The Americans and the British united their zones on 1 January 1947, creating the Bizone, in order to advance the development of a growing economy accompanied by a new political order in northwestern, western and southern Germany. In early 1947 the British zonal advisory board was restructured according to the example of the US zone Länderrat, so that the states in the British zone were empowered as autonomous legislating bodies, with the British military government confining itself to supervision. No agreement with the Soviets was possible. Allowing the states in the Soviet zone to govern the central administrations, then still subject to the SVAG, would have meant the end of communist rule in the east. If the state parliaments and governments were not clearly dominated by communists, as had resulted from the last somewhat free elections in the Soviet zone in 1946, the Soviet Union would have had to waive the establishment of a communist dictatorship in the Soviet zone. The Soviets had begun mass expropriations of entrepreneurs, real estate owners, and banks in September 1945, a process that had continued ever since.

The Bizone was the first step in coordinating the policies in at least two zones of occupation in Germany, which up to that time had operated mostly unconnected due to French obstructionism. The establishment of the Bizone became the nucleus of the future West Germany, ignoring for the time being the SVAG dominated policy in the Soviet zone and the anti-collaboration attitude imposed onto the states in the French zone. At the Washington Conference of Foreign Ministers (4-8 April 1949) France agreed to merge its zone with the Bizone into the Trizone. The unification of the three zones materialised only six weeks before the formation of the Federal Republic of Germany on 24 May 1949, with France only reluctantly having permitted the participants from its zone to join the necessary preparations.

The economic management of the two zones was handled by the Administrative Council for the Economy, based in Minden. Later, administrative cooperation expanded, paving the way to a West German rump state, even though many West German politicians were still strongly opposed to this. With the Bizone, the foundation for new constitutional and economic developments was laid, cemented by the currency reform of June 1948. On the other hand, Germany was now on a track to the eventual division into an East and a West. The United States and the United Kingdom had emphasised the administrative and economic nature of the Bizone, but it still counts as the basis for the founding of the Federal Republic of Germany, which took over the rights and duties of the administration of the Bizone (Article 133 of the Grundgesetz).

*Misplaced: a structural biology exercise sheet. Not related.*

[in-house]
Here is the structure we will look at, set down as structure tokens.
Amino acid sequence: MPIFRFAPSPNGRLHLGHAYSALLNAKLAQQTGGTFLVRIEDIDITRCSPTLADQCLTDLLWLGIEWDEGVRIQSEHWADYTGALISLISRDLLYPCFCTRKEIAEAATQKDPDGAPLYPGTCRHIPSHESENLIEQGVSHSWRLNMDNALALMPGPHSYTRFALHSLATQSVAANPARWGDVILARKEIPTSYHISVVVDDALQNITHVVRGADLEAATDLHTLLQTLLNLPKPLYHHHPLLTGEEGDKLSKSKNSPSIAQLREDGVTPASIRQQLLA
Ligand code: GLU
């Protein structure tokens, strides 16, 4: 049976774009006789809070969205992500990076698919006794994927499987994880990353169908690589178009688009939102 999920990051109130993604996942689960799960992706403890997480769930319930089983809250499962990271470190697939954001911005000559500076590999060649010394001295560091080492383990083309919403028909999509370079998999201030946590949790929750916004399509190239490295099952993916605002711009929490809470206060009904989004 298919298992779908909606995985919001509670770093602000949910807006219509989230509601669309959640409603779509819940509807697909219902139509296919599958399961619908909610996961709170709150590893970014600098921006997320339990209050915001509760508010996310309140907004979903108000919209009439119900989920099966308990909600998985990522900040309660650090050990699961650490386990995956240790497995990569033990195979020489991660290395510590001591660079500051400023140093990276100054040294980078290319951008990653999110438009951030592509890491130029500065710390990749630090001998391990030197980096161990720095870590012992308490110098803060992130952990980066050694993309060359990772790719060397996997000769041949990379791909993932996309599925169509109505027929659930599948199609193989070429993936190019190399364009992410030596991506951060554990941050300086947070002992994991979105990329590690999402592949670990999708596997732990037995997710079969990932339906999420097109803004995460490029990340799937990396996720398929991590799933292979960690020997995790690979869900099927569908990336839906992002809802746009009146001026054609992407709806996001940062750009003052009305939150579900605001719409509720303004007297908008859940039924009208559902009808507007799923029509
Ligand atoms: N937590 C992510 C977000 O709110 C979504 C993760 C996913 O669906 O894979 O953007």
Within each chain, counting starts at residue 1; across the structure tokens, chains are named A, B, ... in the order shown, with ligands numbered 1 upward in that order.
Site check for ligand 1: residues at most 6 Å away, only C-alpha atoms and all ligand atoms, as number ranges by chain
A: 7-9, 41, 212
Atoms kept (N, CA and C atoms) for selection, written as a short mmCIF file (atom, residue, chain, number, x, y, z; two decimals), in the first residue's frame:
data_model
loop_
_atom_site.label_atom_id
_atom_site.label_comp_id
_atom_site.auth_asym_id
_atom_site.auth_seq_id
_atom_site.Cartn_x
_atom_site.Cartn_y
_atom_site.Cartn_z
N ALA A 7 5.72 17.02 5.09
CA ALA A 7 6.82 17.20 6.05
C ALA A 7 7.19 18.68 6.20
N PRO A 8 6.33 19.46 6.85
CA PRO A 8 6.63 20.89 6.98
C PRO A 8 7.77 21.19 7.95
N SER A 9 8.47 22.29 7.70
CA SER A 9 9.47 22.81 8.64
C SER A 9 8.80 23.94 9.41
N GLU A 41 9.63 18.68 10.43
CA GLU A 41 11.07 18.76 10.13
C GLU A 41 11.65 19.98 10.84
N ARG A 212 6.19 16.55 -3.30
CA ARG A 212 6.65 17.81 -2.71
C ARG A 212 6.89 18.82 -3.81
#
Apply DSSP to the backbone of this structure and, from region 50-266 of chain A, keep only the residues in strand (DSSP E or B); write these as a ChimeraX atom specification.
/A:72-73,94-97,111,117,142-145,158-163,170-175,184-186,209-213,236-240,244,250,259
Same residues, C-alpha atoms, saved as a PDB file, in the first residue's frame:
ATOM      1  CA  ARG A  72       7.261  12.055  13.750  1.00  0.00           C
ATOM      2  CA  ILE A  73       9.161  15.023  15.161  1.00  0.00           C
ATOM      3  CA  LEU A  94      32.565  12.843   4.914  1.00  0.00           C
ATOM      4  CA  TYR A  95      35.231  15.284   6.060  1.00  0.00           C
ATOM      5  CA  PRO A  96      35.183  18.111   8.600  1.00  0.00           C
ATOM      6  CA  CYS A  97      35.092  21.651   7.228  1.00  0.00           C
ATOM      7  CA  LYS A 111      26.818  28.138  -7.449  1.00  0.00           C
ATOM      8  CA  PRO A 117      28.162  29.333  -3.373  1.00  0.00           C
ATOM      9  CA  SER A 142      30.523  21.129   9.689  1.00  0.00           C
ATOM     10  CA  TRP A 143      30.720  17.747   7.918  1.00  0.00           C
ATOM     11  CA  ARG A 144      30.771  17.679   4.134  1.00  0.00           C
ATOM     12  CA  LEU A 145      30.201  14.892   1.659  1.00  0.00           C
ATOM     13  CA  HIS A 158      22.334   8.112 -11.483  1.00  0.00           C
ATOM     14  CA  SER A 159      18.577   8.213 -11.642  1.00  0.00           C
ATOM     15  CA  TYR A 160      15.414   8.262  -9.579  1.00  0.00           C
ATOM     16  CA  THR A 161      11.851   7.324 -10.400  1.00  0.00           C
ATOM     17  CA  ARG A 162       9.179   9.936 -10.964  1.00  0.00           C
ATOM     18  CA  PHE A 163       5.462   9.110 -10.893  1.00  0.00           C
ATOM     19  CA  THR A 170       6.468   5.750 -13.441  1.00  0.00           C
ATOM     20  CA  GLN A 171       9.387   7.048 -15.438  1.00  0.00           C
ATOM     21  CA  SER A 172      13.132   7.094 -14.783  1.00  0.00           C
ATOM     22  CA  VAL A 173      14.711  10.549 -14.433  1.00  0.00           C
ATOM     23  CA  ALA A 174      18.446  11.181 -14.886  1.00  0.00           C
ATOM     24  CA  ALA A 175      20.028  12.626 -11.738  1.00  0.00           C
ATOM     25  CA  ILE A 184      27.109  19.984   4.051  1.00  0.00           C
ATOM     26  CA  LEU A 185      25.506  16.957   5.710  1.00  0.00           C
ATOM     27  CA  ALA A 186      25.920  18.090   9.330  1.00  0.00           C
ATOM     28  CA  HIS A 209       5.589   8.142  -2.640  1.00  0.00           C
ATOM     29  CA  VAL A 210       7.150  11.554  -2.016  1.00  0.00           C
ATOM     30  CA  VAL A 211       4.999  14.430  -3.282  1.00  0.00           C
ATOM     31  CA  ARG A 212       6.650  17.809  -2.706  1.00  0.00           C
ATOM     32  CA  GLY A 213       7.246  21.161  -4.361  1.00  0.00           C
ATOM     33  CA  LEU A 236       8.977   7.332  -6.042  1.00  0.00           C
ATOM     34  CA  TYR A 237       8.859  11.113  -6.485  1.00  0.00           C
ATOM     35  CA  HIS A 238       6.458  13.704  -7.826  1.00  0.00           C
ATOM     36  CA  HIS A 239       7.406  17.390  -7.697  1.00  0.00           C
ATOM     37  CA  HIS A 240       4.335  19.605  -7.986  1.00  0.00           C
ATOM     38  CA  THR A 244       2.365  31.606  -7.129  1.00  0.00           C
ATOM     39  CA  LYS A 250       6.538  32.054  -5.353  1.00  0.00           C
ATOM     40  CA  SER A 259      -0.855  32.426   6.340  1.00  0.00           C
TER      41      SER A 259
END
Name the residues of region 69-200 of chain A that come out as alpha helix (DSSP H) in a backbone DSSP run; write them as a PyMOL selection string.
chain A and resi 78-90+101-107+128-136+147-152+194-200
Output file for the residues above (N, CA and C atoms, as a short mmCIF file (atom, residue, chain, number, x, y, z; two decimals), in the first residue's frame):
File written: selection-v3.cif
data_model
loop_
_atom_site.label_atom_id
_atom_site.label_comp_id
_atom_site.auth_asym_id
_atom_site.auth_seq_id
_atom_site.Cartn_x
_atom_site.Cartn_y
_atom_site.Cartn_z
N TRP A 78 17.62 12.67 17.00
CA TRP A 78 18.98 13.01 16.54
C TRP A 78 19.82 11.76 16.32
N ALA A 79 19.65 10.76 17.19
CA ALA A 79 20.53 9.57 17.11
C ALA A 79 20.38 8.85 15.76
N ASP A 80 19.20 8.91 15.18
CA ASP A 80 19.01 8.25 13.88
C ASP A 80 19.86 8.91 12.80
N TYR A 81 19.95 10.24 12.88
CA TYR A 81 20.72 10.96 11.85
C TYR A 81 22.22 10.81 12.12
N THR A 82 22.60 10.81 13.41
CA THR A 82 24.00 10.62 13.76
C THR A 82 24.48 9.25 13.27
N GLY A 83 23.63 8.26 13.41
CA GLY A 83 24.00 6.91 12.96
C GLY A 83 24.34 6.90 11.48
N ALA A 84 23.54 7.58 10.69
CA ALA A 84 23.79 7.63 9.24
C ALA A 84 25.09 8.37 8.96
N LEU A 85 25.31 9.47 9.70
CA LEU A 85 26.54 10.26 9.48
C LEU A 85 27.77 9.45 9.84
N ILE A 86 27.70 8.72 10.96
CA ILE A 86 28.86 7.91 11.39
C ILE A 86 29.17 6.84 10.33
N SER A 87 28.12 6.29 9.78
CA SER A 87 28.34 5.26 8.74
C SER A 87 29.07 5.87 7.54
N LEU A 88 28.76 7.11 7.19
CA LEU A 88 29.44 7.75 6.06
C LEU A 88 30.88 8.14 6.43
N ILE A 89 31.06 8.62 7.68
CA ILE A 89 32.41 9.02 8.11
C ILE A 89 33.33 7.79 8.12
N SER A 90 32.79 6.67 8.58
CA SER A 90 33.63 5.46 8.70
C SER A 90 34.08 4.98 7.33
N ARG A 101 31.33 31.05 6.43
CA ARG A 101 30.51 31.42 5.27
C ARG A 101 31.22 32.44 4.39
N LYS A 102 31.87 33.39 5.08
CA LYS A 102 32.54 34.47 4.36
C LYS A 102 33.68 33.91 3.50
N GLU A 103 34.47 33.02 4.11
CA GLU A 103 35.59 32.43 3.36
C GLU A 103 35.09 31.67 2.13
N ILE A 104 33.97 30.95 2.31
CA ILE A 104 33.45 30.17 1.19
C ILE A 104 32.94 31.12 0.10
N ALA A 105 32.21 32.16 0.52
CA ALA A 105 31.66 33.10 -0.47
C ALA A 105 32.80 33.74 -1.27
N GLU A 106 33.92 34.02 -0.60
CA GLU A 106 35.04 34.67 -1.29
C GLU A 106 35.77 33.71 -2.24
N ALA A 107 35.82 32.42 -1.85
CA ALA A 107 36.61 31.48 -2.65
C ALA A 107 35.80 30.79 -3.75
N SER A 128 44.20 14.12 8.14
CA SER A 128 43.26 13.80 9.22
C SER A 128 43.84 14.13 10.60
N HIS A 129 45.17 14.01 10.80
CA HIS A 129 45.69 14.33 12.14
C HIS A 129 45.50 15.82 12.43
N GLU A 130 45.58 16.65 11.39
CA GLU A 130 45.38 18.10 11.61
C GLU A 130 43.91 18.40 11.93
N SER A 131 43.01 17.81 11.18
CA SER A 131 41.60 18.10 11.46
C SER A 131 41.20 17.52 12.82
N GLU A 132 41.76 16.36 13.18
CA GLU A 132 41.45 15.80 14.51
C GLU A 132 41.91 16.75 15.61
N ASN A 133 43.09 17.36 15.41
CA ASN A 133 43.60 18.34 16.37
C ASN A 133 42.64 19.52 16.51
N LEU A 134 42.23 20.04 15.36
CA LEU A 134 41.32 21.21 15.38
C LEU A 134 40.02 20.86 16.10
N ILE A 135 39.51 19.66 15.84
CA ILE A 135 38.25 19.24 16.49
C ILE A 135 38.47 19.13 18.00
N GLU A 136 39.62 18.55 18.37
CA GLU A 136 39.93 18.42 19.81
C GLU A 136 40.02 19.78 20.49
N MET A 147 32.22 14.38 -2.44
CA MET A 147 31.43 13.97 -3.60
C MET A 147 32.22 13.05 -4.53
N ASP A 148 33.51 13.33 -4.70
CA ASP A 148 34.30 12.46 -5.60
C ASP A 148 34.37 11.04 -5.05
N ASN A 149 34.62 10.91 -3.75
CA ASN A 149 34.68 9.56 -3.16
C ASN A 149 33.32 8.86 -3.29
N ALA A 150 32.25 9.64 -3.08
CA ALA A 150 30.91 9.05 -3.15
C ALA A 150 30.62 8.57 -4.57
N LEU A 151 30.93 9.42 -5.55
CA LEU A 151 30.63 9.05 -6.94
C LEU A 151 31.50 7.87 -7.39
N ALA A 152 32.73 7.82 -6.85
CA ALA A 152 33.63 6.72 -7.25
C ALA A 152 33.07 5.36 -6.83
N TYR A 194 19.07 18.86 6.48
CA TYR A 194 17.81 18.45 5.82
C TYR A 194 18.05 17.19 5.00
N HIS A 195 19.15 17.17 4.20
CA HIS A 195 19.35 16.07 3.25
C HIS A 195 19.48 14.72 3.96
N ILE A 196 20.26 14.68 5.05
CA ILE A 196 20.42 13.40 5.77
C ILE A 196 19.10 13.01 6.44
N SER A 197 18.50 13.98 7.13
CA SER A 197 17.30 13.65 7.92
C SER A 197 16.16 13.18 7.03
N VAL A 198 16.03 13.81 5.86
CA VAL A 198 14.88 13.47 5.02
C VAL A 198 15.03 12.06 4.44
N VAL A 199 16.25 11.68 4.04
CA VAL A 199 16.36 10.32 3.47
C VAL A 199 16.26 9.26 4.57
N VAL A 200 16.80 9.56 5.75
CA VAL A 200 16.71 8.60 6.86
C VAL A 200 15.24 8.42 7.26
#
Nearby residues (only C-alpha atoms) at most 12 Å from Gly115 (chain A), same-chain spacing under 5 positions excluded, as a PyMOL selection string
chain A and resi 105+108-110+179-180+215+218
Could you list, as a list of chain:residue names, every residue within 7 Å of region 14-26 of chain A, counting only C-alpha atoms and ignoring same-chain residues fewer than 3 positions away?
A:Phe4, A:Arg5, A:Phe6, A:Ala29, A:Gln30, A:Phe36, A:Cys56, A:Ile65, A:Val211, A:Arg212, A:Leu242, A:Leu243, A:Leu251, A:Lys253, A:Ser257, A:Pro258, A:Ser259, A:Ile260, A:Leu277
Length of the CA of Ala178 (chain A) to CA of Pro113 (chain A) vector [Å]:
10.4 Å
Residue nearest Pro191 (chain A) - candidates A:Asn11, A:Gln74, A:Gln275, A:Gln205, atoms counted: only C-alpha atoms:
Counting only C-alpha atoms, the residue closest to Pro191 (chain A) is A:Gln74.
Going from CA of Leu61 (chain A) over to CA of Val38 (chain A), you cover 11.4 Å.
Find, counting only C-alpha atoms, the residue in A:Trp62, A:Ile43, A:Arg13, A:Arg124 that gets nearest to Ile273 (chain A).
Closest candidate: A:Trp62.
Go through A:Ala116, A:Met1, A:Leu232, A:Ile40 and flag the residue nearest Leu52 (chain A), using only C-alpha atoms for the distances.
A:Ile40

On 29 May 1947, the American and British military governments signed an agreement creating an Economic Council for the Bizone, to be based in Frankfurt am Main.

Lewkowicz argues that the establishment of the Bizone was the most significant factor in the creation of two blocs in Europe and therefore in the configuration of the Cold War international order.

Geography and population

The Bizone included the Länder Schleswig-Holstein, Hamburg, Lower Saxony, Bremen, North Rhine-Westphalia, Hesse, Bavaria, and Württemberg-Baden – the northern part of the later Baden-Württemberg – but not the states of the French zone, to wit Württemberg-Hohenzollern, South Baden, Rheinland-Pfalz, or those in the Soviet zone Mecklenburg, Brandenburg, Saxony-Anhalt, Thuringia, and Saxony. Neither part of Berlin was part of the Bizone nor were any former parts of Germany, such as the Saarland, which, since February 1946, had not been under the joint allied occupational control. The Bizone had a population of approximately 39 million people.

British military deployments

United States military deployments

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References

  1. Encyclopædia Britannica
  2. J. Robert Wegs & Robert Ladrech, Europe since 1945: a concise history (New York 1996)
  3. Hans Georg Lehmann, Chronik der Bundesrepublik Deutschland 1945/49 bis 1981, München: Beck, 1981, (Beck'sche Schwarze Reihe; Bd. 235), ISBN   3-406-06035-8, p. 18.
  4. As, for example, in a well-known Karneval song from that time, the "Trizonesien-Song".
  5. Cf. section III. Reparations from Germany, paragraph 4 Agreements of the Berlin (Potsdam) Conference
  6. Lehmann, Hans Georg, Chronik der Bundesrepublik Deutschland 1945/49 bis 1981, Munich: Beck, 1981, (Beck'sche Schwarze Reihe; Bd. 235), ISBN   3-406-06035-8, pp. 32 seq.
  7. Wolfgang Benz, Potsdam 1945: Besatzungsherrschaft und Neuaufbau im Vier-Zonen-Deutschland, Munich: Deutscher Taschenbuch Verlag, 1986, (dtv Reihe Deutsche Geschichte der neuesten Zeit vom 19. Jahrhundert bis zur Gegenwart; vol. 4522), p. 132. ISBN   3-423-04522-1
  8. Wolfgang Benz, Potsdam 1945: Besatzungsherrschaft und Neuaufbau im Vier-Zonen-Deutschland, Munich: Deutscher Taschenbuch Verlag, 1986, (dtv Reihe Deutsche Geschichte der neuesten Zeit vom 19. Jahrhundert bis zur Gegenwart; vol. 4522), p. 131. ISBN   3-423-04522-1

Further reading